Kobelco handed over a 250t CKE 2500 to hire firm Samarth Lifters during the event. According to Prakash Shah, director at Samarth Lifters, the company will rent out the crane for liquefied natural gas projects and power projects.

Strong demand fundamentals for new equipments may bring cheer for crane manufacturers, but pricing margins are expected to remain low. This is because there is an increased supply of used cranes from around the world. With the end of big local projects like the Delhi Metro, Reliance Jamnagar, Indian Oil Corporation’s Panipat Refinery and sugar plants from Uttar Pradesh, even more recent model used cranes are available.

Nilesh Bhorkar says, “To take on pricing, Kobelco will initially be manufacturing hydraulic cranes with capacities of 100t at its upcoming plant at Sri City in Andhra Pradesh, near Chennai; 150t and 250t cranes will be taken up a later stage. Approximately 50%-60% of the components would be of local origin, including crawlers and fabrication parts, while engines and booms will continue to be imported. We will also strengthen customer support for our cranes through our distributor Voltas.”

Localisation and customer support is also strongly planned by Terex Cranes. Newly appointed president Kevin Bradley explained that Terex is looking to make long-term investments in India. The investments will focus on increased localization of some key products. The company will be starting the process for local vendor development for procuring components of it cranes. Terex has set up a plant at Hosur near Bangalore, focusing on mobile crushing and screening plants. The company has also set up an engineering centre at Bangalore.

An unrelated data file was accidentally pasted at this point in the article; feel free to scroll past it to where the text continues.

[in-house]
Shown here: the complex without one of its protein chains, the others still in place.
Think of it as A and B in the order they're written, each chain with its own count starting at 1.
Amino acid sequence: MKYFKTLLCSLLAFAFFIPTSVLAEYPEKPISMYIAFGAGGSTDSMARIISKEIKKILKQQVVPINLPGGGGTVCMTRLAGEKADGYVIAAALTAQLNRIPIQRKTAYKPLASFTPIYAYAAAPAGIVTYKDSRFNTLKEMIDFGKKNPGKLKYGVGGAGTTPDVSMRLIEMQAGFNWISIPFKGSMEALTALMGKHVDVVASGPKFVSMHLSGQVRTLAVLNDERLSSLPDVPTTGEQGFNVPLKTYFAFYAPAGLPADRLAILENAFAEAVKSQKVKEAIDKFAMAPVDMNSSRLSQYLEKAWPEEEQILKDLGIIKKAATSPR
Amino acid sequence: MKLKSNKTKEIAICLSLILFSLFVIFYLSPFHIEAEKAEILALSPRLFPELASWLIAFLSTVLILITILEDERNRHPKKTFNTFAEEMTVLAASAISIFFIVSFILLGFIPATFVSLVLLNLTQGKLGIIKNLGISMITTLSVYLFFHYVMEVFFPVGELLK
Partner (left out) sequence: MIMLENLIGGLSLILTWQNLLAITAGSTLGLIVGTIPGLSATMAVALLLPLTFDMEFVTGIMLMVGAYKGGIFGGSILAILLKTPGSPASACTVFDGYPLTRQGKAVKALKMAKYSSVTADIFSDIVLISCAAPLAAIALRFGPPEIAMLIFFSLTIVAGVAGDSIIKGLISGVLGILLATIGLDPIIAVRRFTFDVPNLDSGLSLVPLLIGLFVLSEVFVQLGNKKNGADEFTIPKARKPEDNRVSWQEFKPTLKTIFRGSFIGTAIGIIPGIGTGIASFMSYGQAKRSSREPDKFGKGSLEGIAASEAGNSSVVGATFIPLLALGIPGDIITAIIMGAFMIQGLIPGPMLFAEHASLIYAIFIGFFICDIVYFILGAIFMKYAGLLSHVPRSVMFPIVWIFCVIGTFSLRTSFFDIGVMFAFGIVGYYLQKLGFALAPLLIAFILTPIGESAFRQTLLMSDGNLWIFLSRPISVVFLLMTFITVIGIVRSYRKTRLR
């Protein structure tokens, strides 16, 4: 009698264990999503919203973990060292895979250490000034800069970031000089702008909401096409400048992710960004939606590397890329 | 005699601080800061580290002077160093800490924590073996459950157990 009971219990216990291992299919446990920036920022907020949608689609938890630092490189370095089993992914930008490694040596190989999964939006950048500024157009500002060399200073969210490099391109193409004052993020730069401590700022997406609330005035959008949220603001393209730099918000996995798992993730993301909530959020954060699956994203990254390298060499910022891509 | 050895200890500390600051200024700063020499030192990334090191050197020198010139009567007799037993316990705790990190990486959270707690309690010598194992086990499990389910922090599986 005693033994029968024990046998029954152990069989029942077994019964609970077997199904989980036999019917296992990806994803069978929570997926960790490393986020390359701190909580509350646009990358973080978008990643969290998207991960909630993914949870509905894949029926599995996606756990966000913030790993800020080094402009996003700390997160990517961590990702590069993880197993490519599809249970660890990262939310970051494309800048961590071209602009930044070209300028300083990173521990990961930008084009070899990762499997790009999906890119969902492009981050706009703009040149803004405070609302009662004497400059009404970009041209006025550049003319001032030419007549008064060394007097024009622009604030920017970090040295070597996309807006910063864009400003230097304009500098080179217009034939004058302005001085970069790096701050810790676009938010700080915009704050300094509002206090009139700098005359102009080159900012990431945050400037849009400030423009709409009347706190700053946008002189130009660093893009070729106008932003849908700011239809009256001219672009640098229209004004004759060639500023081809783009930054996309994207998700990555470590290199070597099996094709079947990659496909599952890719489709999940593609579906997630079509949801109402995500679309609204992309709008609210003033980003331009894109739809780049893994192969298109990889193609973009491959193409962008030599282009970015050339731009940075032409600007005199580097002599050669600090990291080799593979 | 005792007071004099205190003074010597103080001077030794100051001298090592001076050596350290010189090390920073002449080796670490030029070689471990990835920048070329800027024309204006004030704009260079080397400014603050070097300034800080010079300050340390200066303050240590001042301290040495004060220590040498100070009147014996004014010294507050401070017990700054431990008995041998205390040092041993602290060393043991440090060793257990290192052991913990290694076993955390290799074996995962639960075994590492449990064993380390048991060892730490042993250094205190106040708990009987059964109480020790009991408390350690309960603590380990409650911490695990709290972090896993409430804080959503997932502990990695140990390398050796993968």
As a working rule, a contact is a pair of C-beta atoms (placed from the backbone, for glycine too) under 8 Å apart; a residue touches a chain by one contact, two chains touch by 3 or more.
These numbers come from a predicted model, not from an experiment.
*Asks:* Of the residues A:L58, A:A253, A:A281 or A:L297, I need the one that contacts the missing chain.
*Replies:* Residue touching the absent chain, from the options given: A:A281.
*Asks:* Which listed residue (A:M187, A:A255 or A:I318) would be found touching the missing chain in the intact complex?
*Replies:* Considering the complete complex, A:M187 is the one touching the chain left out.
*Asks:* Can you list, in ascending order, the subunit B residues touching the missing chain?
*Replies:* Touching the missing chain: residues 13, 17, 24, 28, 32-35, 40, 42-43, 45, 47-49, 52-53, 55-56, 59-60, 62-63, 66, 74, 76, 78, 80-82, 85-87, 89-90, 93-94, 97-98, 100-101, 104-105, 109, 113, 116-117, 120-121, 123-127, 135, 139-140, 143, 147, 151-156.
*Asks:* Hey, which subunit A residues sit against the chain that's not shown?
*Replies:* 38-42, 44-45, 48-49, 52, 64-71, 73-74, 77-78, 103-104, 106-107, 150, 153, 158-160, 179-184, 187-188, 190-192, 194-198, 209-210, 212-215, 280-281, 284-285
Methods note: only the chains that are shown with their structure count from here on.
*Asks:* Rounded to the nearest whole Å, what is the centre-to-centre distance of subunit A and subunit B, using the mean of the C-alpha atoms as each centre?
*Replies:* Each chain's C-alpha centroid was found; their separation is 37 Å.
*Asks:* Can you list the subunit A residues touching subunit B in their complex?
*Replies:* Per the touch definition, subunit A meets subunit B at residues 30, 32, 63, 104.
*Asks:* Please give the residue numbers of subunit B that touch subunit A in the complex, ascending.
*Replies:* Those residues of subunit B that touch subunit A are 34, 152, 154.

Christoph Kleiner, Liebherr-Werk Ehingen says, “We do not intend to cut down the prices of our products. Rather, we would continue to focus on offering a complete value package to our customers in India by providing top quality product, customer service, timely spares availability and high equipment resale value. Liebherr constantly increases its service force in India. The sale of new cranes in India is increasing every year and customers are showing high appreciation for Liebherr technology and the aftersales support available from its Indian Office. Apart from selling new cranes, we are extending our marketing activities for used cranes in India.”